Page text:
The Dichotomy of Arnold By Pat Bishow. I was at home watching a trailer for The Sixth Day when my wife walked by the TV and said “He’s already done this film...
I was at home watching a trailer for The Sixth Day when my wife walked by the TV and said “He’s already done this film.”
I quickly interjected, “No, Schwarzenegger has never been cloned before.” She replied, “He’s always getting cloned.”
That started me thinking. Like all true artists, has Arnold been wrestling with a theme? I think he is. He’s been undergoing a major identity crisis!
The immigrant son of Austrian parents (whose father is rumored to have been in the SS), Arnold came to America where he found his niche by embracing the fascist philosophy of Reaganism. His first few “breakthrough” films support the fact that Arnold is a real man’s man. In 1982’s Conan The Barbarian, he plays a tough guy roaming an untamed world trying to find “himself.” In Commando, he’s another tough guy getting revenge. Yeah, that’s a man’s man all right. In Terminator, he’s a bad-ass. There are subtle clues in those movies but, as Arnold’s career progressed, themes of identity crisis began to become more apparent.
In Raw Deal, he’s more than just the tough guy, now he’s a misunderstood tough guy who’s been forced to give up his life as a FBI agent to become a small time sheriff. In The Running Man, he has been framed! He’s not the guy you think he is. He’s really not a tough guy at heart. It’s only when he’s forced into that mold does he show his macho persona.
In Twins, Arnold tried to show that he’s really more like Danny DeVito than that Commando guy! He to demonstrate that he’s a sensitive, “regular” guy. In trying to explain the departure from his earlier films, he responds with “I love comedy,” when asked to summarize this film. Publicly, he’s not talking about his identity crisis. Instead, Arnold reveals it in his art (like any true artist). It is in Twins, too, that science plays a crucial role in Arnold’s dichotomy.
In Kindergarten Cop, Arnold’s character masks his identity to go undercover in the classroom. There’s still a glimpse of the tough guy from the past in the way he still applies his simple reasoning to tough situations like kicking the ass of a parent to stop child abuse. (We all know that would work, right?) But, at least he’s worried about child abuse even if he doesn’t possess a realistic solution. But since when is Arnold realistic, anyway?
His character in Total Recall wakes to discover that his memory is gone. Who is this guy? He finds out his past is fake, or is it his present? He can’t decide or doesn’t know? This film marks his first all-out expedition into his identity crisis theme. As we see in his next few films, this theme is really the secret to Arnold’s success.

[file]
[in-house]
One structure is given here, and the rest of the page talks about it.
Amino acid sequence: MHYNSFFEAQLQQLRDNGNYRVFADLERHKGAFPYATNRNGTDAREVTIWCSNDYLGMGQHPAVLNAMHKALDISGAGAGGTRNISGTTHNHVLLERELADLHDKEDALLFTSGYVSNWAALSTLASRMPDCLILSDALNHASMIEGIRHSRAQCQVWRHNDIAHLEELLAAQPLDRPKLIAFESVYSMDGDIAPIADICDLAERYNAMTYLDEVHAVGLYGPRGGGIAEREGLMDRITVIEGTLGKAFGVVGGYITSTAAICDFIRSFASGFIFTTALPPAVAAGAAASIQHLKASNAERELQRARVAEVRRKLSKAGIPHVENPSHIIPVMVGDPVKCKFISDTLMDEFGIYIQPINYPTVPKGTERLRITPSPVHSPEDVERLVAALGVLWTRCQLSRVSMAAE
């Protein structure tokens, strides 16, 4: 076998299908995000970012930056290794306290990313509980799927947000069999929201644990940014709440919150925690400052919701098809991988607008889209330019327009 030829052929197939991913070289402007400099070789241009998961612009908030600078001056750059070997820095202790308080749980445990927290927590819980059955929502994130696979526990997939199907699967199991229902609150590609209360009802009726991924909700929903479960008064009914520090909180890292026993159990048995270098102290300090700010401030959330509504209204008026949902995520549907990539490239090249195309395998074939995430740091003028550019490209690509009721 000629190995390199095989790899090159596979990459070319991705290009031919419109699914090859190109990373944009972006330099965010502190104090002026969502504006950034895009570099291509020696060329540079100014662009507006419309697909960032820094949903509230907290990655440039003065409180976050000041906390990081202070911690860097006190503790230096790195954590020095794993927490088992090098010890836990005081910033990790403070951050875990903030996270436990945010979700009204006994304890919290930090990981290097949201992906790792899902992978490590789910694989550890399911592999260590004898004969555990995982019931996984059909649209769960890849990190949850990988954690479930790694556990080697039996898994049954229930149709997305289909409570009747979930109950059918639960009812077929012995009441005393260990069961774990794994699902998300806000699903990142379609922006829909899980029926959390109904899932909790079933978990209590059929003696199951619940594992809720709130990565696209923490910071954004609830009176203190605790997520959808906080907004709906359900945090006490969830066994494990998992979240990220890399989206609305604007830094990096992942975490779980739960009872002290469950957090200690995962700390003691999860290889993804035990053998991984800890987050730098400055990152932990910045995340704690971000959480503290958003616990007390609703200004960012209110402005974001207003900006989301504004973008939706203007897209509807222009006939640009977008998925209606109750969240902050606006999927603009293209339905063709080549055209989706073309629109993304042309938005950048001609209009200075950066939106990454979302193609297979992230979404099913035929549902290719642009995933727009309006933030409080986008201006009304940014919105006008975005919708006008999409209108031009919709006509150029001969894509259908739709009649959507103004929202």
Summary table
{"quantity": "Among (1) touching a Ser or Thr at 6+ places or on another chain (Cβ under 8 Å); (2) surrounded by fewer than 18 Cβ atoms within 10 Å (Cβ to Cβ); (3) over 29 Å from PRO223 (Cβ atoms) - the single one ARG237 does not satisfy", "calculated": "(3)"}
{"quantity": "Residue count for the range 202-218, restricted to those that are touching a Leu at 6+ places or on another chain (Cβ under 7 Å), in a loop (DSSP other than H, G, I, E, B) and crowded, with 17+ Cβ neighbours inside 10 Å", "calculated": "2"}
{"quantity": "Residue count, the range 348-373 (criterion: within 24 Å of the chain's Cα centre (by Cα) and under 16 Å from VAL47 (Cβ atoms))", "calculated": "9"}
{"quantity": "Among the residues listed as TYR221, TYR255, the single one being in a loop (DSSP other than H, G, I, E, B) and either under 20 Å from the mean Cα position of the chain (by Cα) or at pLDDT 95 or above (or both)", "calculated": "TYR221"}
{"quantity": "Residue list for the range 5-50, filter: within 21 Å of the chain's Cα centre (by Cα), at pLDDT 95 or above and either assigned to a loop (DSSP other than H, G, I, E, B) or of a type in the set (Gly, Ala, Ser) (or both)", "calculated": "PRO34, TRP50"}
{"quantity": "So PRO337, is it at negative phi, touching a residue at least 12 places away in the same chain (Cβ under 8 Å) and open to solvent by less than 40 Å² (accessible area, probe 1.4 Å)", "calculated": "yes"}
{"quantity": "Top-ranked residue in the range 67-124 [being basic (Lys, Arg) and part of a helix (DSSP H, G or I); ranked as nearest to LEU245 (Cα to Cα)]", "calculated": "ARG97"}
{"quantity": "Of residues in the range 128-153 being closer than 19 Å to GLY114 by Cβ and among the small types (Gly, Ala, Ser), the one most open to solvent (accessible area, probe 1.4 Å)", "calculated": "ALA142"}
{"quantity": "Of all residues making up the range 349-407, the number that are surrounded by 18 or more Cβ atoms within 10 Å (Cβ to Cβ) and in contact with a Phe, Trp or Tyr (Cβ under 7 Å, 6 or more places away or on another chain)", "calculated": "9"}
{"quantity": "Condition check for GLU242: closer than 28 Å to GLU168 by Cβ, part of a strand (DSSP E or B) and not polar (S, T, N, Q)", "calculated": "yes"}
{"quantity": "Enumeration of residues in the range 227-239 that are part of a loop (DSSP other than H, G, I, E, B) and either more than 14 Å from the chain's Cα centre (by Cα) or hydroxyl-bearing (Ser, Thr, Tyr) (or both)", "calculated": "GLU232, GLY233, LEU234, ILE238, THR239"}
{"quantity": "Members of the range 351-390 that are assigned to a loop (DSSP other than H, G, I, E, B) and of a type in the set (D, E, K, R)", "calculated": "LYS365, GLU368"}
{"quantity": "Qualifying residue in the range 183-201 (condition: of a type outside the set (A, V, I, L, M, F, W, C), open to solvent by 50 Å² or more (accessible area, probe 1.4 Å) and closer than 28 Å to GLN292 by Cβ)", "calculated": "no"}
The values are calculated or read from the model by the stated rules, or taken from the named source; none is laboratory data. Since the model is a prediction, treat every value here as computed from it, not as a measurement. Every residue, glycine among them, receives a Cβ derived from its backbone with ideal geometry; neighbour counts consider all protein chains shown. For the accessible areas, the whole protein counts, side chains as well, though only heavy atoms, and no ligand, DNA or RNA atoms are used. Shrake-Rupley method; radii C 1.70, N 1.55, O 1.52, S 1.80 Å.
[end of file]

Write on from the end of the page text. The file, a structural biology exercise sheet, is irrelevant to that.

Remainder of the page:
In Terminator 2: Judgement Day, he returns for the big money and sure, he’s a bad ass, but a bad ass with a heart. He chooses only to maim people rather than to kill them. Sure, they’ll never walk again, but at least they’ll be able to breathe! Yes, yes, he’s truly misunderstood.
In The Last Action Hero, Arnold fully embraces the idea of having multiple identities. He’s not hiding his crisis anymore-in fact, his character meets up with the “real” Arnold. Boy, he’s not happy (the character, that is - or is it?). Maybe this is more than just a peek at the dark side to Arnold’s fame.
In my opinion, his next film, True Lies, is the high point of his exploration of identity crisis. His career, from this point on, is so well established that he can pick his pictures based on the way he feels about them-who’s going to argue with Arnold? In True Lies, Arnold admits he’s a deception. The audience has to decide which is the lie (he’s not going to tell usI’m not sure he knows). Part of the deceit is pretending to live the life of an ordinary family man. The ordinary family man seems to be who Arnold deep down wishes he was. Nevertheless, he must face the fact that he’s bigger than life or, in the case of his character in True Lies, a super spy. The angst he experiences is illustrated in his treatment of his wife. Who can forget that amazingly sadistic scene where after kidnapping his wife, he imprisons her in an interrogation room and then later forces her to dance for him in her underwear? Strong stuff, Arnold! His life and family are truly conflict-ridden. The film ends with his wife jumping into his extraordinary career-maybe one of his fantasies?
After True Lies, he takes a head-on approach to his crisis. In Junior, Arnold tries to get in touch with his feminine side. He helps others lose their identities in Eraser. In Jingle All The Way, the audience is left to decide whether he is a simple family man who tries to please everyone or a superhero (or superstar). Arnold fights the devil in End of Days and becomes possessed. This brings us to The Sixth Day. Now he’s been cloned. Which is the real Arnold? What is this sensitive bad-ass really all about? “You’ve cloned the wrong man!” protests a seemingly secure Arnold. It seems The Sixth Day has become a last ditch effort to salvage his crisis theme. How more blatant can he get? But by now it seems old and tired (not unlike Arnold himself). It’s enough to make my wife and, I’m sure, countless others think of him as being always cloned is his movies. If Arnold wants to remain a superstar, he just might need to rethink this theme of confused identities. Arnold’s career has been on a downturn ever since True Lies, which in my opinion, was his best stab at his inner struggle (very ironic). But there is a silver lining to this film pursuit of his identity. Seeing him in this new light puts him in the company of Scorcese’s inner punishment, Tim Burton’s begging for misfits to be accepted, and Woody Allen’s guilt over pleasures of the flesh. Oddly enough, to me, this makes Arnold a true film artist!